So I turned to Seekerville for help. They have a great index of topics on their sidebar. One click on brainstorming and I had a great exercise to use.
Every manuscript I've written, has ended up with a theme song rolling through my head by the time I'm done with it. Sometimes it comes to me as I'm writing and halfway done. I'll hear a song and it just hits me how perfectly that song fits the main character or her journey. Like this one:
Or maybe I can hear the hero's exact thoughts about the heroine in the song. (Dreamy eyed sigh...)
And sometimes I'll hear a song and there's one verse, or one lyric, or just an emotion that will catch my ear and I can suddenly see the entire scene, complete with characters I've never met before. (And this would be where I cross the line into crazy ar-tiste territory.) :)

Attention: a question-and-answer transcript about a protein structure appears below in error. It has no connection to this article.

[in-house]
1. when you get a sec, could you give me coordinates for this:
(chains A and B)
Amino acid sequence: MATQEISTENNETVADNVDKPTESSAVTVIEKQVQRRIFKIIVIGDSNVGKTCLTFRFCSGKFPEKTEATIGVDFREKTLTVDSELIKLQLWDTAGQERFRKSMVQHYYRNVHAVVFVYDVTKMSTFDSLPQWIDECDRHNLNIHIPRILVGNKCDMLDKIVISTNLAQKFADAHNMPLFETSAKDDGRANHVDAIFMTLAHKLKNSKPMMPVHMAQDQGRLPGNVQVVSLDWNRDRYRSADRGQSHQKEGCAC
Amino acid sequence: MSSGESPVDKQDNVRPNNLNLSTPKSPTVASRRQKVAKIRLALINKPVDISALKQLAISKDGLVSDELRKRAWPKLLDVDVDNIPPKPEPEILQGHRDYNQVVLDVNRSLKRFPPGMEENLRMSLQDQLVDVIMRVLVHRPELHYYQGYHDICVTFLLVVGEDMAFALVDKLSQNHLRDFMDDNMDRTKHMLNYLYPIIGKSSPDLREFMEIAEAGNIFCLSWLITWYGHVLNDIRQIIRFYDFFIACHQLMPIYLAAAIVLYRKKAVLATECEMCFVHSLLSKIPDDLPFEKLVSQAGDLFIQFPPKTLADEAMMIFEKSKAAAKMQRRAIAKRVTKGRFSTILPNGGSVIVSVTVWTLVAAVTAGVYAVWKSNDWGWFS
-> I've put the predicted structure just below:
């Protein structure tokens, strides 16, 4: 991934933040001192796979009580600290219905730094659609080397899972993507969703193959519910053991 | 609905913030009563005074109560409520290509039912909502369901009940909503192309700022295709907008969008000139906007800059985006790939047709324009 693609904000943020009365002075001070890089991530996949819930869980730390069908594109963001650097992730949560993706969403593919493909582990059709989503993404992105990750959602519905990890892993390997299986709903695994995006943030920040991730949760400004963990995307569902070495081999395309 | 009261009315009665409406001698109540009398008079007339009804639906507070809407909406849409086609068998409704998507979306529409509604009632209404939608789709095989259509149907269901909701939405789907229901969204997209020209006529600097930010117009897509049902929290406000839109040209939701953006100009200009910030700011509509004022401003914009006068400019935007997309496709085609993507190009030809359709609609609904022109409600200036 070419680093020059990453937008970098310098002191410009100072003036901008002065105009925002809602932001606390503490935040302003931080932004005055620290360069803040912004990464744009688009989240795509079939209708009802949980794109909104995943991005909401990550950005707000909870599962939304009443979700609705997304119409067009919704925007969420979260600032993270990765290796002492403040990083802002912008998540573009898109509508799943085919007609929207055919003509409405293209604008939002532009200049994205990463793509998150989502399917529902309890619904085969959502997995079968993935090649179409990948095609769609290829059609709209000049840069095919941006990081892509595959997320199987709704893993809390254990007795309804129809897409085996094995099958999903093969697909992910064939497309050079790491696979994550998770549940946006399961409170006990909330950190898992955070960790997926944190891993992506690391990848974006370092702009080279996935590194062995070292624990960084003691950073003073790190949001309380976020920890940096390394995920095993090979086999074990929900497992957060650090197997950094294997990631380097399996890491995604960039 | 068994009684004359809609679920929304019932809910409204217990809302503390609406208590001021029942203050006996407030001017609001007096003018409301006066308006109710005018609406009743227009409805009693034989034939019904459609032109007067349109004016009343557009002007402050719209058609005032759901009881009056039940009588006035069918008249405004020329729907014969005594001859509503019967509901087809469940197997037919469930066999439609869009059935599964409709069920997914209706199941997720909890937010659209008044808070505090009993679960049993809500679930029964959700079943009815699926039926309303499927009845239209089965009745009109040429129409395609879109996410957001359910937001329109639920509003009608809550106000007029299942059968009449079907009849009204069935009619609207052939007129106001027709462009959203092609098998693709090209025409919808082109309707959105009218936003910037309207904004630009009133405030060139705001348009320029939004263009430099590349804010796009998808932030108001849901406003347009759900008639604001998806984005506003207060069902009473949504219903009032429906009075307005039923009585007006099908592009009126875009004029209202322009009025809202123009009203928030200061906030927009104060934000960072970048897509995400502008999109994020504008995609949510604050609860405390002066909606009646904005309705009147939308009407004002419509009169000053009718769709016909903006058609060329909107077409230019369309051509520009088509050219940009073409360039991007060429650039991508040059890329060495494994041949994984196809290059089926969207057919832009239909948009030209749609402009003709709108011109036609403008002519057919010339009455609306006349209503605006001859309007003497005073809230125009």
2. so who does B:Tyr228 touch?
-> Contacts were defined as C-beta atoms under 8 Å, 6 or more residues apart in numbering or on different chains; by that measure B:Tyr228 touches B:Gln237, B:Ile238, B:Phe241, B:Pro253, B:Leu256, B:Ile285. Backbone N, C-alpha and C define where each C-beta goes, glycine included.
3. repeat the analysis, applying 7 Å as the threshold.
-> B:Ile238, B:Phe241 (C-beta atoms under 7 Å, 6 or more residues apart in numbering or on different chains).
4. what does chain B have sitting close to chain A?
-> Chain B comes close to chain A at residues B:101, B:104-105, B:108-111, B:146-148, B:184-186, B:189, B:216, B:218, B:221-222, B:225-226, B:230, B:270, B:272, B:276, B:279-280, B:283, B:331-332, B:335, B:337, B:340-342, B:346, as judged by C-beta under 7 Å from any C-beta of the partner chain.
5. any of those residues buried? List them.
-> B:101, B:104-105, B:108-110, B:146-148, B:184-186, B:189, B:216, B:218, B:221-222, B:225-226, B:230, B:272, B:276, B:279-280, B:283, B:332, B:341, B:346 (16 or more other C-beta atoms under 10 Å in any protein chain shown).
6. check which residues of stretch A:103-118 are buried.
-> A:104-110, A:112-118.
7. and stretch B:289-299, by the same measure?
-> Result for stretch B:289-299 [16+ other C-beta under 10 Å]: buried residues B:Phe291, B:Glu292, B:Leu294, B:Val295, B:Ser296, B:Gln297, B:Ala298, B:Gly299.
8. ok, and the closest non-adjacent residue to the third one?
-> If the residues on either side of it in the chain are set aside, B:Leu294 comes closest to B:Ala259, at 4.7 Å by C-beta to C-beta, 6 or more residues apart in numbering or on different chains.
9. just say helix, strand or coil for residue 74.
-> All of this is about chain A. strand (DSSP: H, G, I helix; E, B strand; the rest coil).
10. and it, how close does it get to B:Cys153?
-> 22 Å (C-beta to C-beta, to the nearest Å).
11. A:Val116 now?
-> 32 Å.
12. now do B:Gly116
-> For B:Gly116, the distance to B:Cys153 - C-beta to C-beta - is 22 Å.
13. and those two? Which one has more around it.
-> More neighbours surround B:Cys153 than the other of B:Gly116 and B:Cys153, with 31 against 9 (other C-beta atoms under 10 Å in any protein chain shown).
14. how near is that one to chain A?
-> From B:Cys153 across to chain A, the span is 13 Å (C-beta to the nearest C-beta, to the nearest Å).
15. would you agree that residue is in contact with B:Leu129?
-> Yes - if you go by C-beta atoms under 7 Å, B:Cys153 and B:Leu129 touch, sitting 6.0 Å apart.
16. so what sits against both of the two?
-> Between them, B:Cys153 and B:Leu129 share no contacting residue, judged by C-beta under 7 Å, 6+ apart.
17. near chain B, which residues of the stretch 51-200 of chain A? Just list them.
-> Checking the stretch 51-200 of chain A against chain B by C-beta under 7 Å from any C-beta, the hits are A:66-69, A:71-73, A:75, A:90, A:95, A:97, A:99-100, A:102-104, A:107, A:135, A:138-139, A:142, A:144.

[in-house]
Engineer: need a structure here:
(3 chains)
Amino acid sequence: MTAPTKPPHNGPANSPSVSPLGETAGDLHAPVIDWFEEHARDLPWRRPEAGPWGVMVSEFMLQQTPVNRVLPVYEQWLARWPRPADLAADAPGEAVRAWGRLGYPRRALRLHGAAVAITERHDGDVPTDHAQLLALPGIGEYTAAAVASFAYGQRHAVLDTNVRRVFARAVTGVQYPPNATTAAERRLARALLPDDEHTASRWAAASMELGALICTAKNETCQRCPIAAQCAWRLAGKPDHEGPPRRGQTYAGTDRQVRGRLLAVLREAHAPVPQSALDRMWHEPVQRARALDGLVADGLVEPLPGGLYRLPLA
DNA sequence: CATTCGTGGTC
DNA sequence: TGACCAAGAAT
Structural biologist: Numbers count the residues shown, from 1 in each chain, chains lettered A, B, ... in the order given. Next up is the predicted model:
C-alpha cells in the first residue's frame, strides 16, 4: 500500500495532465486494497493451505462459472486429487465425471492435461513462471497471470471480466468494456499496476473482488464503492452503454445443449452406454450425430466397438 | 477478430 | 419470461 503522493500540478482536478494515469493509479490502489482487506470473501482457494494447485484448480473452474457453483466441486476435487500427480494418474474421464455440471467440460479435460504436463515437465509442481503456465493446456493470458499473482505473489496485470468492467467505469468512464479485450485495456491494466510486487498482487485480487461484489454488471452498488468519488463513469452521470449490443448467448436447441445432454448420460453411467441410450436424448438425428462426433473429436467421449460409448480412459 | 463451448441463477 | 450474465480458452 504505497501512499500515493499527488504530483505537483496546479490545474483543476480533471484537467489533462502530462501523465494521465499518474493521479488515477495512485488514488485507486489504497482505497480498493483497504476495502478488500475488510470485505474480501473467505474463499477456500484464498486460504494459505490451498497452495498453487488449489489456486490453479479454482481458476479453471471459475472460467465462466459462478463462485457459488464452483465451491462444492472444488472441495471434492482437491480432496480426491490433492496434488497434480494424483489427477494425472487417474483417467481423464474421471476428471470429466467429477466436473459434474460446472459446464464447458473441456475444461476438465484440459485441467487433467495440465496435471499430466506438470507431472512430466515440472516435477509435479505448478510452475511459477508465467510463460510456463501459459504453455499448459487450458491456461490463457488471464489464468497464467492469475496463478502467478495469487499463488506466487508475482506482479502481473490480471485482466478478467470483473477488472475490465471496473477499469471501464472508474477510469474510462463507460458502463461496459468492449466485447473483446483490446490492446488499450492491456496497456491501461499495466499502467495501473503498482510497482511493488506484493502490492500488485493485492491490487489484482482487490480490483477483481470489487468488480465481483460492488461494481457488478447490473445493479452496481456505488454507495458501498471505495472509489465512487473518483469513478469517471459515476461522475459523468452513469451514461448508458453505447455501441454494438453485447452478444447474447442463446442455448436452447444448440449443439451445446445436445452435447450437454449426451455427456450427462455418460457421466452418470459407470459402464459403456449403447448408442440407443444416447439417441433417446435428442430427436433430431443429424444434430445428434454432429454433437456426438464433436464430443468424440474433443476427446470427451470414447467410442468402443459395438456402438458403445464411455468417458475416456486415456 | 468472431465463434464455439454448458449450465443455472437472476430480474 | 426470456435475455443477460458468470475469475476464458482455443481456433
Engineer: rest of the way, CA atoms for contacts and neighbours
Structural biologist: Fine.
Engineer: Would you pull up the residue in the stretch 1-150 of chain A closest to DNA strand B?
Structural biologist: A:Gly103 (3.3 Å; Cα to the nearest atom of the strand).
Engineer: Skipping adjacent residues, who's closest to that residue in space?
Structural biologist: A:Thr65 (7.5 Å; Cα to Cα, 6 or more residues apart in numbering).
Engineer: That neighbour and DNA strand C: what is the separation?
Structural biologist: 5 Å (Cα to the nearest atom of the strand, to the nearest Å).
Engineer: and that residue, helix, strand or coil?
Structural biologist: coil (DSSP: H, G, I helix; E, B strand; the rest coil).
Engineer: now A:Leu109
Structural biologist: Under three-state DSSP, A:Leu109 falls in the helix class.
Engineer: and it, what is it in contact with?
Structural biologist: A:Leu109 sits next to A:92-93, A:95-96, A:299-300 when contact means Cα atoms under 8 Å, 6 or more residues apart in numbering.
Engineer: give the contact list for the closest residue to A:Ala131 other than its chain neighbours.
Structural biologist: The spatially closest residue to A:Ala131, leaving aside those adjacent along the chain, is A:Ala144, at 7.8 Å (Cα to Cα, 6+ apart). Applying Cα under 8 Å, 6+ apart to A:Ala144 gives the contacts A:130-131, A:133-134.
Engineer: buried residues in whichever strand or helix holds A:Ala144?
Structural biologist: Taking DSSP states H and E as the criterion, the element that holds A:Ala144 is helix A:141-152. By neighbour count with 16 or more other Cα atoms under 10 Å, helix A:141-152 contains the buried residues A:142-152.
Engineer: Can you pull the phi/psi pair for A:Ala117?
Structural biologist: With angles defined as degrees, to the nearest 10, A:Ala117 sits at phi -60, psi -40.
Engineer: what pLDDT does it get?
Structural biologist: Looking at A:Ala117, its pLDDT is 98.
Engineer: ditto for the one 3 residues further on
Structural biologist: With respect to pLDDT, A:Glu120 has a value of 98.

Now for the details on the giveaway (because I know that's what you're really here for. It's ok, no hard feelings. I would be...
..so I guess that means I'm not a beggar after all.
When sending out query letters to agents, I like to do so with my usual sunny optimism. I put together the best letter I can, showcasing my work and myself, and then obsessively check my email for the rejection I'm expecting. But I like to up the odds even more, add in a little more heart-pounding drama for myself. So I start with the agents who seem like a long shot. The agents who represent my favorite writers, who it would be the stuff dreams are made of to be represented by. It's more exciting to be shot down by a top level agent than by someone you've never heard of.
I started by sending the query letter off to four agencies that would make me pass out if they decided to represent me (that seems like a good litmus test for an agent you should be working with, right?). I figured I'd get the pipe dreams out of the way first, so I could move on with no regrets.
And then I got the request for my full manuscript. And then another re...